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Big data in medicine

Medical big data to be pooled for disease research and drug development in Japan

by

Staff Writer

Last month a bill aimed at facilitating medical research through the use of patient records stored at medical institutions cleared the Diet.

The law, commonly called Jisedai Iryo-kiban Ho — roughly translated as the next-generation medical infrastructure law — will allow medical big data to be pooled anonymously so it can be utilized for research into diseases and the development of new drugs.

Here are some basic questions and answers on the new law, which is set to come into effect by next May.

Why is this law needed?

Despite the nation being ranked the world’s No. 1 for longevity, many people in Japan spend the last 10 years or so of their lives mobility-impaired or bedridden.

The administration of Prime Minister Shinzo Abe is keen to prolong people’s healthy life expectancy and also make the nation’s health care sector a “growth industry.”

Medical records of people who receive care at hospitals and clinics have remained largely untapped due to privacy concerns and the difficulty of handling sensitive data. But the government believes they can be put to better use if they are made anonymous, with the goal of spurring drug development and other medical innovations.

Do researchers have access to medical records now?

Researchers have always studied individual patients, looking at areas such as the effects of drugs and disease conditions, with their consent.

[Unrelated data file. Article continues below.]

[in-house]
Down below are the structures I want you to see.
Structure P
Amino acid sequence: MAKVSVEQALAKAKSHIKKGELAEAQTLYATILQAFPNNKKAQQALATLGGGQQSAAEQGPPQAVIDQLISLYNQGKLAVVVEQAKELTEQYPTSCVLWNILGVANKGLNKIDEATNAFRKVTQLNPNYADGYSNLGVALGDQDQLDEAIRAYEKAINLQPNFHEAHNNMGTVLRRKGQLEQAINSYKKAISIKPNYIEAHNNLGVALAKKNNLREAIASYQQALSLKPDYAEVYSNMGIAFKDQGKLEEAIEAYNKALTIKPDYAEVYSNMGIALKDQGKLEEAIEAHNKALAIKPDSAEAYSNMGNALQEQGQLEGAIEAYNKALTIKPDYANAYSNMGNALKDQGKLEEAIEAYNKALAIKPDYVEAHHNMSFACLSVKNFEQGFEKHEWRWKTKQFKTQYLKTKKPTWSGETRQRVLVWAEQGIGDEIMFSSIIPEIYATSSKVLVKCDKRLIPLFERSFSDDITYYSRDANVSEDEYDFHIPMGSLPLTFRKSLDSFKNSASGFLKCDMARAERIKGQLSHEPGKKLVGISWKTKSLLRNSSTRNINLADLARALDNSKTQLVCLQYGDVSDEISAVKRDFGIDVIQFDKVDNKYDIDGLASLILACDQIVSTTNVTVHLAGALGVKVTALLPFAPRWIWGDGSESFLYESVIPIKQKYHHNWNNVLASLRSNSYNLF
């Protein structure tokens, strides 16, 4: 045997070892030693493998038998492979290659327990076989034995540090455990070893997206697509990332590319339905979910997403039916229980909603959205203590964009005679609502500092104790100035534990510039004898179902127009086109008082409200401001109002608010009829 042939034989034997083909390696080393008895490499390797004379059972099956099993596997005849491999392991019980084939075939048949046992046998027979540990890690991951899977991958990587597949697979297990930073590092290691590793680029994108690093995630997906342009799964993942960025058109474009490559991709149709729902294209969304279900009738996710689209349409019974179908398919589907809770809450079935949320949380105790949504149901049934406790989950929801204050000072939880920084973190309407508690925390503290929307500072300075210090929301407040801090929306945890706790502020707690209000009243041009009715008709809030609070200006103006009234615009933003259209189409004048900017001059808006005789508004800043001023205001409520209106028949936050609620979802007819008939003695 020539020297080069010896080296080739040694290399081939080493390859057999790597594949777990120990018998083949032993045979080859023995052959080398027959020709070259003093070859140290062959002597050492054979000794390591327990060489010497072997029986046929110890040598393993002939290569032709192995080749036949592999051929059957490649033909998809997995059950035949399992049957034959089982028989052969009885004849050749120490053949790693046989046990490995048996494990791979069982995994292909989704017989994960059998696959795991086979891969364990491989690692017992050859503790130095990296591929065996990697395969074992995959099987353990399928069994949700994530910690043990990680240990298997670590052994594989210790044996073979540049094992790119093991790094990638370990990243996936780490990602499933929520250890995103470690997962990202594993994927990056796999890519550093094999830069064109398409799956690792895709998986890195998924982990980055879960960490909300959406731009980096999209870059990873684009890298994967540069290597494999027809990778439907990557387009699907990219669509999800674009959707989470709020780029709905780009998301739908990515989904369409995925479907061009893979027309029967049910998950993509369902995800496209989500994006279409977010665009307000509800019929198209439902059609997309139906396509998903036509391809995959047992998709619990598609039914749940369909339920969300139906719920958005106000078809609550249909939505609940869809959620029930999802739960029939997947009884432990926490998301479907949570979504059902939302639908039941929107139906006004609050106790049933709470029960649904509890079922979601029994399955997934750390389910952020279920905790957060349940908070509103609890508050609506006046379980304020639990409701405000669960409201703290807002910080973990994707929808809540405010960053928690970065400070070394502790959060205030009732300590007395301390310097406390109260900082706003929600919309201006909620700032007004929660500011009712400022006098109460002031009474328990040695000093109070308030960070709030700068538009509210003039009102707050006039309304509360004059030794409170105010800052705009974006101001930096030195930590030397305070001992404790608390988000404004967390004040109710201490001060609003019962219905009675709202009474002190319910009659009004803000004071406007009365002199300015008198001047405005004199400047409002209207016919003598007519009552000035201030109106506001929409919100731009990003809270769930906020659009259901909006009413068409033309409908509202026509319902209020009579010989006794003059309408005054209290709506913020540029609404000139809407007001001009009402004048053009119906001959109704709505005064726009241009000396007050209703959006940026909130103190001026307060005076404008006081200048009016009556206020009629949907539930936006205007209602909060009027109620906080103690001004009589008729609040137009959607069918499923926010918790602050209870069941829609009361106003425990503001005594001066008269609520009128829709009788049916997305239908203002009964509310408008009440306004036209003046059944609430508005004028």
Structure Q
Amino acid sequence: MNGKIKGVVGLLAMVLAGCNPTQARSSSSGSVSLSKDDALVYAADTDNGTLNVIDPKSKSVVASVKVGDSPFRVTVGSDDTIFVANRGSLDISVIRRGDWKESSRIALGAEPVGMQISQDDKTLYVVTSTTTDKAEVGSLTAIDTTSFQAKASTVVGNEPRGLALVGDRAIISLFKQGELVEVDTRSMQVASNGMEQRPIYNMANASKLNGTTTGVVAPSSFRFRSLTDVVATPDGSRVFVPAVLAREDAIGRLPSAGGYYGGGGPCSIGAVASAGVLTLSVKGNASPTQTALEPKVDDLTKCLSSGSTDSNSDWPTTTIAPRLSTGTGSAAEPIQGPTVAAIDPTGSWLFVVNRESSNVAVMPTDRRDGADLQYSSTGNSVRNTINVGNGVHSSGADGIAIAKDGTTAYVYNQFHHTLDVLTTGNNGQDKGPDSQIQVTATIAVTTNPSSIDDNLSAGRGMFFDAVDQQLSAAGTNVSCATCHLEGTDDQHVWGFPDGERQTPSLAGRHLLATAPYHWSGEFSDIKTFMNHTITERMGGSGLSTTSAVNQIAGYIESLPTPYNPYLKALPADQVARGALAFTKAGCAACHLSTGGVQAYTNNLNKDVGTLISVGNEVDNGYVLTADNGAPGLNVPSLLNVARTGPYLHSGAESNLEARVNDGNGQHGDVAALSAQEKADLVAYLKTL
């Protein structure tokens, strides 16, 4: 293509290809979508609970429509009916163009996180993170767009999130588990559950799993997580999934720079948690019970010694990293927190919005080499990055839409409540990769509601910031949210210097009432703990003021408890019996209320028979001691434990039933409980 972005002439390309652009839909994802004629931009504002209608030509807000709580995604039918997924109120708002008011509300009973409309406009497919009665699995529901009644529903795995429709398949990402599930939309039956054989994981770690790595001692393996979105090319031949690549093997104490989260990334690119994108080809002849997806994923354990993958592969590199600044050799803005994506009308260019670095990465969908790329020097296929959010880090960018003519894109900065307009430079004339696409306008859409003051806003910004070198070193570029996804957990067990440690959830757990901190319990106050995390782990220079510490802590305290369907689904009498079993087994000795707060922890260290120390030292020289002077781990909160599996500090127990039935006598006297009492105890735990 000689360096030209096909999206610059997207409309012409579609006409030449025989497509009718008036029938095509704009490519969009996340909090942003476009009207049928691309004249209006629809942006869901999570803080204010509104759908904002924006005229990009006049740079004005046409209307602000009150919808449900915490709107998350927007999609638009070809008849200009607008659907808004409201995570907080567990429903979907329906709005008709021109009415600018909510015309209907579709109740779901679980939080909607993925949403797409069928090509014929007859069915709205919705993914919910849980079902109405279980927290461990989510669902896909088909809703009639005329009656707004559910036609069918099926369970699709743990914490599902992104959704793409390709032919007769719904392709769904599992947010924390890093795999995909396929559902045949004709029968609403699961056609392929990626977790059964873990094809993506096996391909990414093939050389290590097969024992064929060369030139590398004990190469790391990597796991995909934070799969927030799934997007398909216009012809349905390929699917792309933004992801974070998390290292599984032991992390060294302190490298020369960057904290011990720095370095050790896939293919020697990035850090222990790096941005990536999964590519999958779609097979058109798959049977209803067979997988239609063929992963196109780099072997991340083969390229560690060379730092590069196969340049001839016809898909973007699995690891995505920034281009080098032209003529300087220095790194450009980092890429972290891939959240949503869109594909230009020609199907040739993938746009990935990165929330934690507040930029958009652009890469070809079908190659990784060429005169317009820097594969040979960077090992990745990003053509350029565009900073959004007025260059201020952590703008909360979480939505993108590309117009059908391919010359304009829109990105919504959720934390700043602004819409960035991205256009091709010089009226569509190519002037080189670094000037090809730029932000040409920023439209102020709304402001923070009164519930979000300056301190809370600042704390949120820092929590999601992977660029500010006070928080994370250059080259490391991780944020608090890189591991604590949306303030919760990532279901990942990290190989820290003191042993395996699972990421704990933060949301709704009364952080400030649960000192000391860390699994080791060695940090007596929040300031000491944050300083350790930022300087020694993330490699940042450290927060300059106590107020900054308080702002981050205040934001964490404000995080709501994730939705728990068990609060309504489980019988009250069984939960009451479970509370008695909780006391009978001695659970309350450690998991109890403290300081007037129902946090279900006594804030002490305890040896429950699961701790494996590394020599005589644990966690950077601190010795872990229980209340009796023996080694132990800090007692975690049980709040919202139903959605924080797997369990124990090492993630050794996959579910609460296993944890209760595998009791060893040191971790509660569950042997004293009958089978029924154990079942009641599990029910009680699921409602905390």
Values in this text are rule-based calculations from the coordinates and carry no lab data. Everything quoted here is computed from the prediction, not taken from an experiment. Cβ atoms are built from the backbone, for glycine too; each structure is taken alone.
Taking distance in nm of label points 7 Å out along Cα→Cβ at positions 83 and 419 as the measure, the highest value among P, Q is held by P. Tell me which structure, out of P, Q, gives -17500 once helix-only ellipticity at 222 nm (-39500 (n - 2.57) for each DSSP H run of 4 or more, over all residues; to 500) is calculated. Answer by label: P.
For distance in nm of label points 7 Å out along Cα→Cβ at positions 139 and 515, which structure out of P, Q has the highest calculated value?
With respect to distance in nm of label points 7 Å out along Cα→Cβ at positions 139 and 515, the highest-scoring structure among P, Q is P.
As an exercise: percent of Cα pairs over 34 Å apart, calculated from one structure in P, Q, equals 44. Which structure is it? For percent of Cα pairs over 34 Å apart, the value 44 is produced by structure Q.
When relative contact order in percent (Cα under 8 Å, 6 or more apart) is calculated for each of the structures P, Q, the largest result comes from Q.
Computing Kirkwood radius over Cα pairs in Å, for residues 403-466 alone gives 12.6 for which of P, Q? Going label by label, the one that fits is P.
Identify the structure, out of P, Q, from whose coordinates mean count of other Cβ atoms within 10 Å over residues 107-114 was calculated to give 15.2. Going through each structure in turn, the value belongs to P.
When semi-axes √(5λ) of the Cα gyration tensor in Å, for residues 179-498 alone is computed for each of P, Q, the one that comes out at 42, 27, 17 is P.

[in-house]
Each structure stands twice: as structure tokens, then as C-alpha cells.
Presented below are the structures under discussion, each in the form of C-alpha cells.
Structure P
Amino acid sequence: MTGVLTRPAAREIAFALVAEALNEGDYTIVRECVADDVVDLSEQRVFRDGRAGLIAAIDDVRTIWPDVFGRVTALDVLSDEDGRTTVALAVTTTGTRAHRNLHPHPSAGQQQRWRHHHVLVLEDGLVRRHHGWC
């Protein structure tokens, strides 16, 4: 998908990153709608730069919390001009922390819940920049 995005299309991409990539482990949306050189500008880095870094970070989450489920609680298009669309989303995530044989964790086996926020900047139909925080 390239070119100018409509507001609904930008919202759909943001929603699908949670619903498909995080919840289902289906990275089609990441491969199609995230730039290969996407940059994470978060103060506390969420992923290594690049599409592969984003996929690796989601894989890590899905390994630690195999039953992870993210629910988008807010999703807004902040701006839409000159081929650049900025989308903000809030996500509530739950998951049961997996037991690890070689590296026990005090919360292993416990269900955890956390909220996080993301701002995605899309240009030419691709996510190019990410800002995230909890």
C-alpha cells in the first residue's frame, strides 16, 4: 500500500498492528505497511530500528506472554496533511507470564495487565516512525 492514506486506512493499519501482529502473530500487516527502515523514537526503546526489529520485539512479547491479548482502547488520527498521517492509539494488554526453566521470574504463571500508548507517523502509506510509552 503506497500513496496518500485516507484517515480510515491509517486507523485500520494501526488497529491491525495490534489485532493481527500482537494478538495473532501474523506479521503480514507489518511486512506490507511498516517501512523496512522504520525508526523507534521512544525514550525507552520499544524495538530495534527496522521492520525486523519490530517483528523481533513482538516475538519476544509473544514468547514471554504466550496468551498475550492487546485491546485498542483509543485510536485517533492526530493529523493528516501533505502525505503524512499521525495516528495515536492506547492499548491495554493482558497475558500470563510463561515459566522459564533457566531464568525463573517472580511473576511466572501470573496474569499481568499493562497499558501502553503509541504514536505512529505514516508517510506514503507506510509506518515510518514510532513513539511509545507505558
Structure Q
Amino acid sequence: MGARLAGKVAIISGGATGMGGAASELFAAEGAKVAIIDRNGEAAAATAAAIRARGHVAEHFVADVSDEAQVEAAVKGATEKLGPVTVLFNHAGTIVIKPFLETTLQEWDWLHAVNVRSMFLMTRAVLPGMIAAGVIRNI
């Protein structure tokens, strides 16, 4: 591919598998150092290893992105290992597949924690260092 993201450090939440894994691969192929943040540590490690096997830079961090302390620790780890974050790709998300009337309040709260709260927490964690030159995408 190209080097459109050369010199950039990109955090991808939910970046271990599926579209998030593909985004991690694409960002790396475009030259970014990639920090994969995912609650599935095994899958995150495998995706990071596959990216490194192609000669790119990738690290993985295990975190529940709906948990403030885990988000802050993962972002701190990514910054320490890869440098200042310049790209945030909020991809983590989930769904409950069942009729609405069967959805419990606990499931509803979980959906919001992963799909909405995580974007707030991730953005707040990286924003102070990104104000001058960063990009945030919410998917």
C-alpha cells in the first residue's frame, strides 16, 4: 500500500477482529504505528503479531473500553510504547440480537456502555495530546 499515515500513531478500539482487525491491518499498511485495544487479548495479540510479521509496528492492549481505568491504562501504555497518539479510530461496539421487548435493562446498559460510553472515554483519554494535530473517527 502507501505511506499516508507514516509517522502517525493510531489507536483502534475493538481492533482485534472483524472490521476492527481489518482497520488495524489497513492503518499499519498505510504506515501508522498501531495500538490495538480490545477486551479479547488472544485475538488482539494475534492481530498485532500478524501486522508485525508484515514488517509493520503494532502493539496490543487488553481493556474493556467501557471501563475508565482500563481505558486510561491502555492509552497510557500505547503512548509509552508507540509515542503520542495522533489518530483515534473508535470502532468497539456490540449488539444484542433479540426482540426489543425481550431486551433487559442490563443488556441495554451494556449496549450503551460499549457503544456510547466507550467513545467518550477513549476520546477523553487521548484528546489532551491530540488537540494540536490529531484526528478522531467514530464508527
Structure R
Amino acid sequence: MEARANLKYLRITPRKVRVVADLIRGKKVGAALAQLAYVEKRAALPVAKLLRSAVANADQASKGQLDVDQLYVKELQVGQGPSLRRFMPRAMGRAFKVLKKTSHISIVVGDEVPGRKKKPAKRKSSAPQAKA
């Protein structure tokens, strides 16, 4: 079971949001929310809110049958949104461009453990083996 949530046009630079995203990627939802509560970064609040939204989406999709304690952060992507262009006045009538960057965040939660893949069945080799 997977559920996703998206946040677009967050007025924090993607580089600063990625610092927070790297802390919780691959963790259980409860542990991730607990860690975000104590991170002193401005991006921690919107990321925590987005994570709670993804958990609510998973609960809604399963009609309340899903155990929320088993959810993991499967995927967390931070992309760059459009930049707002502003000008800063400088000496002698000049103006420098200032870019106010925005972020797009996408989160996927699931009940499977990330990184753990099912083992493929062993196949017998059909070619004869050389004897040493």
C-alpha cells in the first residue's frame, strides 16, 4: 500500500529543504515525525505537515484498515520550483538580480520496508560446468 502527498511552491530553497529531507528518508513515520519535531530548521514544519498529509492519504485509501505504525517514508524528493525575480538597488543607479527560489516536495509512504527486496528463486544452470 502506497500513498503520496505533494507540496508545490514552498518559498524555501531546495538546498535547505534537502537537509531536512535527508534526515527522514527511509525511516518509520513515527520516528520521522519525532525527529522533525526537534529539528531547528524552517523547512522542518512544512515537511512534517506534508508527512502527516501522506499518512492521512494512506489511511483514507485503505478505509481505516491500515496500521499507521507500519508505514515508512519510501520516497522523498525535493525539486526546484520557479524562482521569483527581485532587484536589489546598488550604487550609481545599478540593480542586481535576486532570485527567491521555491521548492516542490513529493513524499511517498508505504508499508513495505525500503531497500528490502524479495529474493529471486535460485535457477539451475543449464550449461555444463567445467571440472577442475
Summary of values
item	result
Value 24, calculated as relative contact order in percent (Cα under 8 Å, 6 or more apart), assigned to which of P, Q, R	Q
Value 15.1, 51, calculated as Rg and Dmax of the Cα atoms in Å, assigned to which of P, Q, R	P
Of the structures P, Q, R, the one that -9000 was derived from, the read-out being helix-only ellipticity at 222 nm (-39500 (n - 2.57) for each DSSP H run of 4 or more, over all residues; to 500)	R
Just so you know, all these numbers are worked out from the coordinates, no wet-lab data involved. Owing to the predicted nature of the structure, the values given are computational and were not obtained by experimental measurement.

Moreover, all medical fee records, which refer to requests for fee reimbursements filed by hospitals and clinics for procedures performed under the nation’s universal health care system, have been available for research.

But such records, known as reseputo, only provide information on medical procedures that were performed and drugs prescribed, and not on the outcome of the treatment.

“The analysis of ‘input’ information, such as shots, surgeries and prescriptions, has been possible, but data on their outcomes have not been utilized,” said Toshihisa Okamoto, a counselor at the office of health care policy at the Cabinet Secretariat. “The outcome data should be made available for analysis, so each patient can get the best care they need.”

Revisions to the Law on the Protection of Personal Information that came into effect this month have, in fact, enabled the use of clinical records for research without asking for a patient’s consent. But to use such data, each hospital and clinic is responsible for making its data anonymous by deleting patients’ names and other privacy information, which is seen as cumbersome when their primary job is providing health care.

Okamoto said examples of research to be made possible under the new law include a more comprehensive review of the side effects of drugs. Currently, hospitals and drugmakers are required by law to report to authorities severe incidents following the prescription of a drug. But such reports are not comprehensive, as it is ultimately up to each facility to decide which cases to report.